Readers Shouldn’t Yawn: Why Blogs Should Be Written Creatively
Although blogs are a relatively new concept in the history of the written word, the definition is starting to become ambiguous.
Nowadays, the characterization of a blog is as vague as what constitutes a catch or roughing the passer in pro football. The first part of the definition remains true in most circles – a regularly updated website or web page entry, typically one run by an individual or small group.
It’s the second half of the description that is being contorted – written in an informal or conversational style.
In the apartment industry, specifically, the concept of a blog is getting stretched farther than the elastic on a pair of size 48 sweatpants. More companies are moving away from the quick-hit blog and toward lengthy news article-type pieces. The informal chatty language is being replaced with a writing style generally reserved for news articles, which serve a different purpose.
At the risk of getting too longwinded – because this piece is a blog – here are a few reasons why blogs should be creative and filled with personality.
Audience expectations: When viewing a blog, readers want to quickly learn about a topic. They’ll research more in-depth later, but “blog” implies that the piece will have a narrow message about a particular topic. The less ambiguous the better – and the breezier the better.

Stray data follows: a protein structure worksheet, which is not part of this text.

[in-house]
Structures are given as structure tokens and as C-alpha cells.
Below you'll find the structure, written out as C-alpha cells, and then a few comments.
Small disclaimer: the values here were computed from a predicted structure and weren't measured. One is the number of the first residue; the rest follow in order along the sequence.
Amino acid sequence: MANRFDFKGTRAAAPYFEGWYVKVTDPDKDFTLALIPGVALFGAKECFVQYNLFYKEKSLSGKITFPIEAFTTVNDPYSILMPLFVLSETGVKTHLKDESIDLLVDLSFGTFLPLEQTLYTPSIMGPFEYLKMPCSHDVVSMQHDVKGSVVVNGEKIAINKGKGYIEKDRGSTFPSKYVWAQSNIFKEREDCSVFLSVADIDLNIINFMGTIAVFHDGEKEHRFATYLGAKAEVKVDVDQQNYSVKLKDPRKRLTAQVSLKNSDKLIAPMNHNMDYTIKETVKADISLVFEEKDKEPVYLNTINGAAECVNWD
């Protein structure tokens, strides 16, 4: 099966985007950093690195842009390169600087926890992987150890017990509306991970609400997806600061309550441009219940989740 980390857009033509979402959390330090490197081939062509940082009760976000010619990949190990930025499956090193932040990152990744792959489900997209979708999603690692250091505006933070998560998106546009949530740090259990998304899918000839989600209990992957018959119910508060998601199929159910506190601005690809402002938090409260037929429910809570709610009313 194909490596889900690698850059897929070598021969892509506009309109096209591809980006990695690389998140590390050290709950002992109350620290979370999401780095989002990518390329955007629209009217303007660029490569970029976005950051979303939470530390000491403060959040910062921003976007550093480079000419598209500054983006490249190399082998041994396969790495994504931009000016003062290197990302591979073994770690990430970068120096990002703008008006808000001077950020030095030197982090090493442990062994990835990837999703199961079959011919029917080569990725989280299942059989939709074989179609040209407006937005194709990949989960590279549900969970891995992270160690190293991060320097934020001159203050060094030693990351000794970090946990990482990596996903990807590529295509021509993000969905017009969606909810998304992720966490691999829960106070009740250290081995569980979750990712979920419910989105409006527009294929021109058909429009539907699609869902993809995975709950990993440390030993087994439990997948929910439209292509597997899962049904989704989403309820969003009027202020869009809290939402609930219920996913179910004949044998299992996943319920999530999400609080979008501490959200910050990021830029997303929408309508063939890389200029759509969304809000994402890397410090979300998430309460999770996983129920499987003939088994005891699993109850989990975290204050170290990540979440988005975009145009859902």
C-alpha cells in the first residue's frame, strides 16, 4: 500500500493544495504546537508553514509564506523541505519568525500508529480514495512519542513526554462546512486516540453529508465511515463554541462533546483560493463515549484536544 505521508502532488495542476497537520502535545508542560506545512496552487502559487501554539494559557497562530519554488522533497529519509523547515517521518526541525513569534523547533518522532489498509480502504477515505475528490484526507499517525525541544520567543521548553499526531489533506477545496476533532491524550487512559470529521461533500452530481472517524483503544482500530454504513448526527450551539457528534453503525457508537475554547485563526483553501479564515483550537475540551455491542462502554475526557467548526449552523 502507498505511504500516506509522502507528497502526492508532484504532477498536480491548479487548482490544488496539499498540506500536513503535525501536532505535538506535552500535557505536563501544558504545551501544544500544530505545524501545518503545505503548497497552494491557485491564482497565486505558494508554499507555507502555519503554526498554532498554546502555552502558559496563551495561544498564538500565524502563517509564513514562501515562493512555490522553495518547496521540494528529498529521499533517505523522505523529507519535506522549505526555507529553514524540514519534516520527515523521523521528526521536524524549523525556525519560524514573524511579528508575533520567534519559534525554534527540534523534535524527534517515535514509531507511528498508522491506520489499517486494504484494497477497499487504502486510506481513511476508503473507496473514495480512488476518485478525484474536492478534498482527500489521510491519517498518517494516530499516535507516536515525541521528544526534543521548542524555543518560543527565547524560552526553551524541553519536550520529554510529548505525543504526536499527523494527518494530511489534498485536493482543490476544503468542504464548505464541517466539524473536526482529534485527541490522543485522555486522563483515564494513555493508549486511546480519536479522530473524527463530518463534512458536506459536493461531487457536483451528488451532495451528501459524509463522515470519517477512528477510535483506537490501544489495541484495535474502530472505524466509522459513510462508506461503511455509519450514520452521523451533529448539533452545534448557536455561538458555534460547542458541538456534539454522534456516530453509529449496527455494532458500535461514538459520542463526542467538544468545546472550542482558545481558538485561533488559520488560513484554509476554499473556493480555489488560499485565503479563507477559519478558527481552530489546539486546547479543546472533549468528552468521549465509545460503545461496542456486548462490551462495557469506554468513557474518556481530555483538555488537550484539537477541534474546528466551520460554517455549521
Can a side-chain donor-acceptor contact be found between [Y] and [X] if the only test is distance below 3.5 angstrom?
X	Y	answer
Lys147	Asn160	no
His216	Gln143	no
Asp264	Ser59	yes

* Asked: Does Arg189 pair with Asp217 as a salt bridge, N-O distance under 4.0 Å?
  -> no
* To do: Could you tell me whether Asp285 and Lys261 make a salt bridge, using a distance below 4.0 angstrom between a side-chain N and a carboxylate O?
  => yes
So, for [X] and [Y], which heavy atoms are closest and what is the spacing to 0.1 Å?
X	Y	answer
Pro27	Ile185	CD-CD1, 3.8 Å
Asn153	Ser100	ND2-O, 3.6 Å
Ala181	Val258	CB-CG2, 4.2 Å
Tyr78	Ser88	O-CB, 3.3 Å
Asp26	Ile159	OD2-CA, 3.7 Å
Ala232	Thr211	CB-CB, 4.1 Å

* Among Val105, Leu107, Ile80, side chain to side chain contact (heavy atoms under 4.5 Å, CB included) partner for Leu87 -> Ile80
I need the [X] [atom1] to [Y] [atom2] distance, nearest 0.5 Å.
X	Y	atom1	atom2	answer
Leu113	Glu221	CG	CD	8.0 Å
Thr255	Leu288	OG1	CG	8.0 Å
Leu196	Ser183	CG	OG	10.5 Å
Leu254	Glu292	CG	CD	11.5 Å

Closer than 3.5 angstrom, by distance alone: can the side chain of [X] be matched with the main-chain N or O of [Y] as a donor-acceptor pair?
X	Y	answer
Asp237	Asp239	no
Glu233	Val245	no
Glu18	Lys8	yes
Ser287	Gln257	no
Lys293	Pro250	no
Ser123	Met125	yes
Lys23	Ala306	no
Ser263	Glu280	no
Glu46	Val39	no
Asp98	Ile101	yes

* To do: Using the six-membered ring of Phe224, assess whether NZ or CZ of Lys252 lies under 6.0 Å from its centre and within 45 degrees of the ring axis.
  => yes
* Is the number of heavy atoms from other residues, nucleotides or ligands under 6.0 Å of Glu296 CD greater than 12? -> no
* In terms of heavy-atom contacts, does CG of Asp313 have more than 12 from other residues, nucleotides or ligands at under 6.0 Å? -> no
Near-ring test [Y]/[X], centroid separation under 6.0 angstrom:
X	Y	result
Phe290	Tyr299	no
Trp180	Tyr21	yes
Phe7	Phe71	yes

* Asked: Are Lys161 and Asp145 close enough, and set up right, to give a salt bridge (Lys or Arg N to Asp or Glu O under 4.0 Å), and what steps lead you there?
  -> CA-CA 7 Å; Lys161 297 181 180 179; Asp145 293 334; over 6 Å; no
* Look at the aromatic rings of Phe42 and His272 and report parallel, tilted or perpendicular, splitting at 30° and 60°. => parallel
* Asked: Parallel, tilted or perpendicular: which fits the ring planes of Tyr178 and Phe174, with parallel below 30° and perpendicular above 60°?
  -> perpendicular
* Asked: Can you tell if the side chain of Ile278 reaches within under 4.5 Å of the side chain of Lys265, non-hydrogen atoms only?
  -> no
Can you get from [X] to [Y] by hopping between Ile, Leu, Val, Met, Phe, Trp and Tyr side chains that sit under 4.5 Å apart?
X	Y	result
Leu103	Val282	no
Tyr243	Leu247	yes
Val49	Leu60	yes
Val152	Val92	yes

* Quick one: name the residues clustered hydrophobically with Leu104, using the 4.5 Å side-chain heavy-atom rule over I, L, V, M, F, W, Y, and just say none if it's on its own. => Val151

Opportunity to distinguish yourself: Most topics already have been written about in some form, but this is your chance to give a unique take on the subject. In my sports reporting days, you could guarantee that a Broncos trade was reported about in several local and national pubs. But a quick-hit blog offers the opportunity to put your personal spin on the trade, why it was good or bad and why the draft pick gleaned from the deal might eventually be the difference-maker.
Better readership: If the blog reads like an article and not much more creative than the instructions for your new carpet shampooer, readers will move along. Readership audience can vary in our industry, but sometimes includes creative professionals, whose job description largely consists of putting zest and pizzazz on content. They want creative copy that will keep their interest, not serious language that resembles the news articles they read with a cup of coffee this morning.
With a blog, your job is to impart your key message and get the reader quickly to the end. If you’re still reading now, I’ve done my job with this one, although I’m guessing a few readers inevitably moved along once they absorbed the objective.
Either way, I’m hoping the definition of a blog doesn’t become further blemished.
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